Guy Porfirio has illustrated over 18 picture books. Grandpa’s Little One was #3 on the New York Times Best Selling Children’s Books, and Junk Man’s Daughter was featured in the Bank Street College of Education’s Best Children’s Books of the Year list in 2007. His latest release is Jump.
Bonnie Ferrante: Welcome, Guy. Is your newest book, Jump, the first one that you have also authored? It’s about a cactus, correct? Could you tell us how you came to choose this character and a little about the story?
Guy Porfirio: Yes, I have illustrated many picture books, but “Jump!” is my first as Author/Illustrator.
The story for Jump originally came to me while visiting relatives in Tucson Arizona when I was 12 years old. Having grown up in Chicago, the idea of cactus was as foreign to me as thin crust pizza. Be that as it may, I was willing to accept both ideas with an open mind. That is, until we took a family hike through the desert where my aunt turned to me and said, “Watch out for the jumping cactus.” What? At that point I was ready to be airlifted out. I remember thinking, I didn’t sign up for this. No one told me that there would be deadly cactus parts flying through the air. Whose idea was this anyway? The worst a plant could do in Chicago is give me poison ivy. Let’s go home, I’ll take my chances.
Years later, and now living in Tucson, I decided to take a walk through the desert to mull over several story ideas I had been considering. I made it back to my studio unscathed — but not alone. A small cholla, aka, jumping cactus, had somehow stuck to my shoe and followed me home. My aunt’s words came flooding back. It occurred to me as I studied the stowaway, perhaps jumping cactus is just misunderstood. Everyone knows nothing ever happens in the desert. What if jumping cacti are just plain bored? What if they just want a change of scenery? What if they just need a vacation once and a while? …Light bulb! New story idea!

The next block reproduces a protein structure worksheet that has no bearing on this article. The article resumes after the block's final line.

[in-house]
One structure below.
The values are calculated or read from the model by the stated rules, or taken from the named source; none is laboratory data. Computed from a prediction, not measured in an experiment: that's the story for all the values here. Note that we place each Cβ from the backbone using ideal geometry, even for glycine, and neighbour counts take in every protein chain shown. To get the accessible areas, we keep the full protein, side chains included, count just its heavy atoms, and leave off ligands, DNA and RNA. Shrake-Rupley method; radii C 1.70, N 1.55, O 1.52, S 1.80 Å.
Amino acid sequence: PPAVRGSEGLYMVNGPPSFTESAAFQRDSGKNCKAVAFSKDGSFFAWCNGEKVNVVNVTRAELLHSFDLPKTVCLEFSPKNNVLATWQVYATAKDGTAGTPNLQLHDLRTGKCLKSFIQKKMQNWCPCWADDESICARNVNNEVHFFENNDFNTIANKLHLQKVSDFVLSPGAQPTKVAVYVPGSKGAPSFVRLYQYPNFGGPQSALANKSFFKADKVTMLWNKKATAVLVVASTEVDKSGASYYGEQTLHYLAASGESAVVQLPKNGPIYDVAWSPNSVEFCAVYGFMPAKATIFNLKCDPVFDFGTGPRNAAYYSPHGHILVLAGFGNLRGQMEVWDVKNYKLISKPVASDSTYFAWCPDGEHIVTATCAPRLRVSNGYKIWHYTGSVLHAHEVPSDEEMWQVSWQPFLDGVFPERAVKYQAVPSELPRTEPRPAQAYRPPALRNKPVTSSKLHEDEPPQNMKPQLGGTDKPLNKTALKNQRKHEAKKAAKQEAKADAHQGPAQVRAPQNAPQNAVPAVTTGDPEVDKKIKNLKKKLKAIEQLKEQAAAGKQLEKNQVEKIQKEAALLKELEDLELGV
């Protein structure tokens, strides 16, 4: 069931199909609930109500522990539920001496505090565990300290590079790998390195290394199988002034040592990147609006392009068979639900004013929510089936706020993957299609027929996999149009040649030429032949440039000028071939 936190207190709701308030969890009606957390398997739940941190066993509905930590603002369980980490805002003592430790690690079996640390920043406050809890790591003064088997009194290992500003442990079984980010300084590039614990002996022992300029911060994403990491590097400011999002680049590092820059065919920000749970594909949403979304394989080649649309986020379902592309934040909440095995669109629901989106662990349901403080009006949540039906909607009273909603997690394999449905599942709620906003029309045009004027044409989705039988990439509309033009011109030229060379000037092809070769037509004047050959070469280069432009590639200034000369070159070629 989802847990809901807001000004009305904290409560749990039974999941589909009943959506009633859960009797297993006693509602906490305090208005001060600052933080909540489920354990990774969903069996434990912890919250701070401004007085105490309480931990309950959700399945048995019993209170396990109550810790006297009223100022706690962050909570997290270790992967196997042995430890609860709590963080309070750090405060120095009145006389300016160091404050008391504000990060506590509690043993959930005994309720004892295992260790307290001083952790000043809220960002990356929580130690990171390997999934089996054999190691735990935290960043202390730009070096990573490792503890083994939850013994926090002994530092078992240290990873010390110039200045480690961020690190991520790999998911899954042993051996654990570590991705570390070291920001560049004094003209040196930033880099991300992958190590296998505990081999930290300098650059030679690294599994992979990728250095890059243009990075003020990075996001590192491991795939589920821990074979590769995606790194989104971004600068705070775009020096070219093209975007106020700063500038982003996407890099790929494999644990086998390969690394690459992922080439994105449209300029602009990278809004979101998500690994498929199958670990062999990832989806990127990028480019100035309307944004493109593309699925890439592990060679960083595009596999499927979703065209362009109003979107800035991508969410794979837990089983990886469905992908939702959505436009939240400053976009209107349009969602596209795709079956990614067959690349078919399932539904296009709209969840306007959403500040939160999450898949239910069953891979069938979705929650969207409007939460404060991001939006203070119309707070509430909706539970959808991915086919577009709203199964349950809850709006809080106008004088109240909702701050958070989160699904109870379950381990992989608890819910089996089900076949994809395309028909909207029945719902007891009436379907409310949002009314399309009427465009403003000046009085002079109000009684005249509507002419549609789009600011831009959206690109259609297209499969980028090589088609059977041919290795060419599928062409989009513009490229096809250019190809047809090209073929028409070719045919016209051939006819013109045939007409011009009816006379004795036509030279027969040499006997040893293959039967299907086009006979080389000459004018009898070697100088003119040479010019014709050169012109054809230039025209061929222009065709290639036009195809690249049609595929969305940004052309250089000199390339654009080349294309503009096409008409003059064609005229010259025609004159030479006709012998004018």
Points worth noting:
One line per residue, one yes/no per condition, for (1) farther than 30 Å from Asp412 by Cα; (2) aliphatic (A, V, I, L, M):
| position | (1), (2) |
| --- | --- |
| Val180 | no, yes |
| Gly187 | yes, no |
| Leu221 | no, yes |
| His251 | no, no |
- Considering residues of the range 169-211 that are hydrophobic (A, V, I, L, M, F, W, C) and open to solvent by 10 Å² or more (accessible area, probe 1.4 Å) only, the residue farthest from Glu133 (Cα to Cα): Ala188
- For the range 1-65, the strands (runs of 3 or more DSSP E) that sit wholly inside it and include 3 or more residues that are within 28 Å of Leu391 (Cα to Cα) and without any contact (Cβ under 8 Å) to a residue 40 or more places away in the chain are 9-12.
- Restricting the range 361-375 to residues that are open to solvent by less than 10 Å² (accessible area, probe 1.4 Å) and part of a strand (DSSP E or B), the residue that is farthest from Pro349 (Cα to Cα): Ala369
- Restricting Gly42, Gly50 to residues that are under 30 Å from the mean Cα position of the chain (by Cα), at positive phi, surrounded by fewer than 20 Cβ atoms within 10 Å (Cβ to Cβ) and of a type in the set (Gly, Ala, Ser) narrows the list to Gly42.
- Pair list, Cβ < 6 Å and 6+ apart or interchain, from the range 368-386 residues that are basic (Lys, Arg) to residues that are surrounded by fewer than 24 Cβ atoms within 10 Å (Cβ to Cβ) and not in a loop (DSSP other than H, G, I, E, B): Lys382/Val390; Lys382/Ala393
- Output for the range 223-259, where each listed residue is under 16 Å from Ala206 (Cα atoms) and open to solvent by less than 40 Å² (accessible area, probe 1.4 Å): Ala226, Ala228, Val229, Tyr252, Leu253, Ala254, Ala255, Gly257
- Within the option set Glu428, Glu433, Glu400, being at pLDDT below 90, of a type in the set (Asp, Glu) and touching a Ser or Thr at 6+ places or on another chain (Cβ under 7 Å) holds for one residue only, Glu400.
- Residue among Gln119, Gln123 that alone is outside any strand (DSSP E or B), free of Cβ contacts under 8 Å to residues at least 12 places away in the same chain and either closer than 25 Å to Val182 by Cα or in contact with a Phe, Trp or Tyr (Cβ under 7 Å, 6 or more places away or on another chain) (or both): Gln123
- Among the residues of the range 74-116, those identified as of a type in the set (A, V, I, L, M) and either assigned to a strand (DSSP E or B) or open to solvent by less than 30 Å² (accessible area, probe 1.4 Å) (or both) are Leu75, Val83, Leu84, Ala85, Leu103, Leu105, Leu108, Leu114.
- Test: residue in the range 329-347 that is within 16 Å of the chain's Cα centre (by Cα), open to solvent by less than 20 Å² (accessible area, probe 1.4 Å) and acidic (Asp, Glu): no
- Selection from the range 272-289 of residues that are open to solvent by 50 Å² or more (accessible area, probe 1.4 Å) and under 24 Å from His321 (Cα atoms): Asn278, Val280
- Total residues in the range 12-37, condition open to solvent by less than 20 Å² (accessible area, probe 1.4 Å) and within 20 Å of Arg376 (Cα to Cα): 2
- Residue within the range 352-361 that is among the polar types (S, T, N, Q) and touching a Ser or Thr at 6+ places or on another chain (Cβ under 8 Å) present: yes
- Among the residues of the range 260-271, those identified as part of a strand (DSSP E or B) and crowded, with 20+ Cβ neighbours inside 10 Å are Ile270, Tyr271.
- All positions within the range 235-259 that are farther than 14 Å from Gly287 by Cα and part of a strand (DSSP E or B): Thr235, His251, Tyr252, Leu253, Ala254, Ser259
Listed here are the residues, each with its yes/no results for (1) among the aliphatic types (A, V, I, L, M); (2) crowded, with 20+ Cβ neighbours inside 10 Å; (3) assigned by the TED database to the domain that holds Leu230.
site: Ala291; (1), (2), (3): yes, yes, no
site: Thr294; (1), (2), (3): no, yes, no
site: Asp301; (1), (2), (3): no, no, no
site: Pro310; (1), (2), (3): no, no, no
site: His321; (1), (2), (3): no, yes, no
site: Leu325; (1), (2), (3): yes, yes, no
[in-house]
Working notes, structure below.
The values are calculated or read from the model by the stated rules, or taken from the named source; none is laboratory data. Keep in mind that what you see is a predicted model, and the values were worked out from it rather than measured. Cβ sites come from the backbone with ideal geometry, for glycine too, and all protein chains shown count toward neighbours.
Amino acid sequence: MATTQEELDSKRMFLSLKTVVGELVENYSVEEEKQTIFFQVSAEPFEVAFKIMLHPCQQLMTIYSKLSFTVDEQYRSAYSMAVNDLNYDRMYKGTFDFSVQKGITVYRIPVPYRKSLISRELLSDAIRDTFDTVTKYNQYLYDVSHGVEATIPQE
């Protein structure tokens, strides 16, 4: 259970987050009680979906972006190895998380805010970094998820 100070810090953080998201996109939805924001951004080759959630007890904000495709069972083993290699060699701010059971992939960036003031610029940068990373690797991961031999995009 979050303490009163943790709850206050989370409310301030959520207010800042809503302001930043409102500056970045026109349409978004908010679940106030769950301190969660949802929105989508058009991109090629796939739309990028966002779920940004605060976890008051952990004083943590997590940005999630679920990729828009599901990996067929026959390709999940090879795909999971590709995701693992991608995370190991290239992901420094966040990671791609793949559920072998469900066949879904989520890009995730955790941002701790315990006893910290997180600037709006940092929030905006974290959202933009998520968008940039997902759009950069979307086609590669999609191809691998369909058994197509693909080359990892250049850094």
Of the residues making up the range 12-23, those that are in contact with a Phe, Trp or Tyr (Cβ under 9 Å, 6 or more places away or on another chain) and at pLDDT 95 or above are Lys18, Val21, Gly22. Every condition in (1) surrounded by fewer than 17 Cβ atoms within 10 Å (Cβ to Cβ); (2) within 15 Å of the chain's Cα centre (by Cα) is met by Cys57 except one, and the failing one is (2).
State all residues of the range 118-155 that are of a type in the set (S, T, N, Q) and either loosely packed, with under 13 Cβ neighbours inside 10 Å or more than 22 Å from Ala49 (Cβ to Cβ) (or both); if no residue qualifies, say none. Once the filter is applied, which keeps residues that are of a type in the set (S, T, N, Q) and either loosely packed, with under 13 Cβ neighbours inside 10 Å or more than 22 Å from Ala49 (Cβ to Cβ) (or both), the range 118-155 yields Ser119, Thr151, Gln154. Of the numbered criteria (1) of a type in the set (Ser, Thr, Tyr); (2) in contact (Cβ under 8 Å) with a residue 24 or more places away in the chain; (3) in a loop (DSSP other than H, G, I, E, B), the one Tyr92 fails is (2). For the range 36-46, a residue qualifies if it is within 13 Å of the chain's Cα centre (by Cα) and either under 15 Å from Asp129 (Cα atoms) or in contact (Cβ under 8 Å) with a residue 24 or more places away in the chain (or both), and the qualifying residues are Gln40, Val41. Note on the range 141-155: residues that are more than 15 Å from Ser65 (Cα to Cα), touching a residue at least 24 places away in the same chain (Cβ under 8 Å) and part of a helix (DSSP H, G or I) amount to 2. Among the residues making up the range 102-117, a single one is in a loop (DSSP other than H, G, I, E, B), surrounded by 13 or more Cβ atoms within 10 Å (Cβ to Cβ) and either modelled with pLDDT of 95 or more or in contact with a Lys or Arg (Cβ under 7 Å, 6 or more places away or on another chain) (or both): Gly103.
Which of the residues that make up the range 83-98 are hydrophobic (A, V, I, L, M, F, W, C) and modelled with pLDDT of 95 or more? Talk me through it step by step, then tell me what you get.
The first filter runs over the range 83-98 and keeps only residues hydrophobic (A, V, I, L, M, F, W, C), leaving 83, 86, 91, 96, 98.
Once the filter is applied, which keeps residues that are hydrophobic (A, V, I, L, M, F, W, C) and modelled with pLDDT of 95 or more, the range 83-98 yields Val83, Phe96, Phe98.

I named the main character Barb for obvious reasons. Barb is a clever cactus with a great sense of adventure and plenty of spine. All she wants is an adventure. But, in the desert, nothing ever happens, and nothing every changes. Barb sees an opportunity. She holds her breath, takes the leap of a lifetime, and never looks back… until she realizes that having a great adventure is not that great if there is no one to share it with. Which is when things really get interesting.
Ferrante: That’s hilarious. Tell us a little about your writing process from the perspective of an illustrator.
Porfirio: Through my years of illustrating books I’ve trained myself to look for the less obvious – to put an unexpected spin on things. Whatever the most interesting aspect of a character or a scene may be, it’s even better when it comes from a surprising point of view. When I see a thing, or have a thought that strikes me in a funny way (and just about everything does – just ask my family), I sort of come up with a quick back-story complete with dialog snippets and voices to go along with them. If they crack me up, I’ll share them with my wife. I figure if I can make her laugh I just may have something.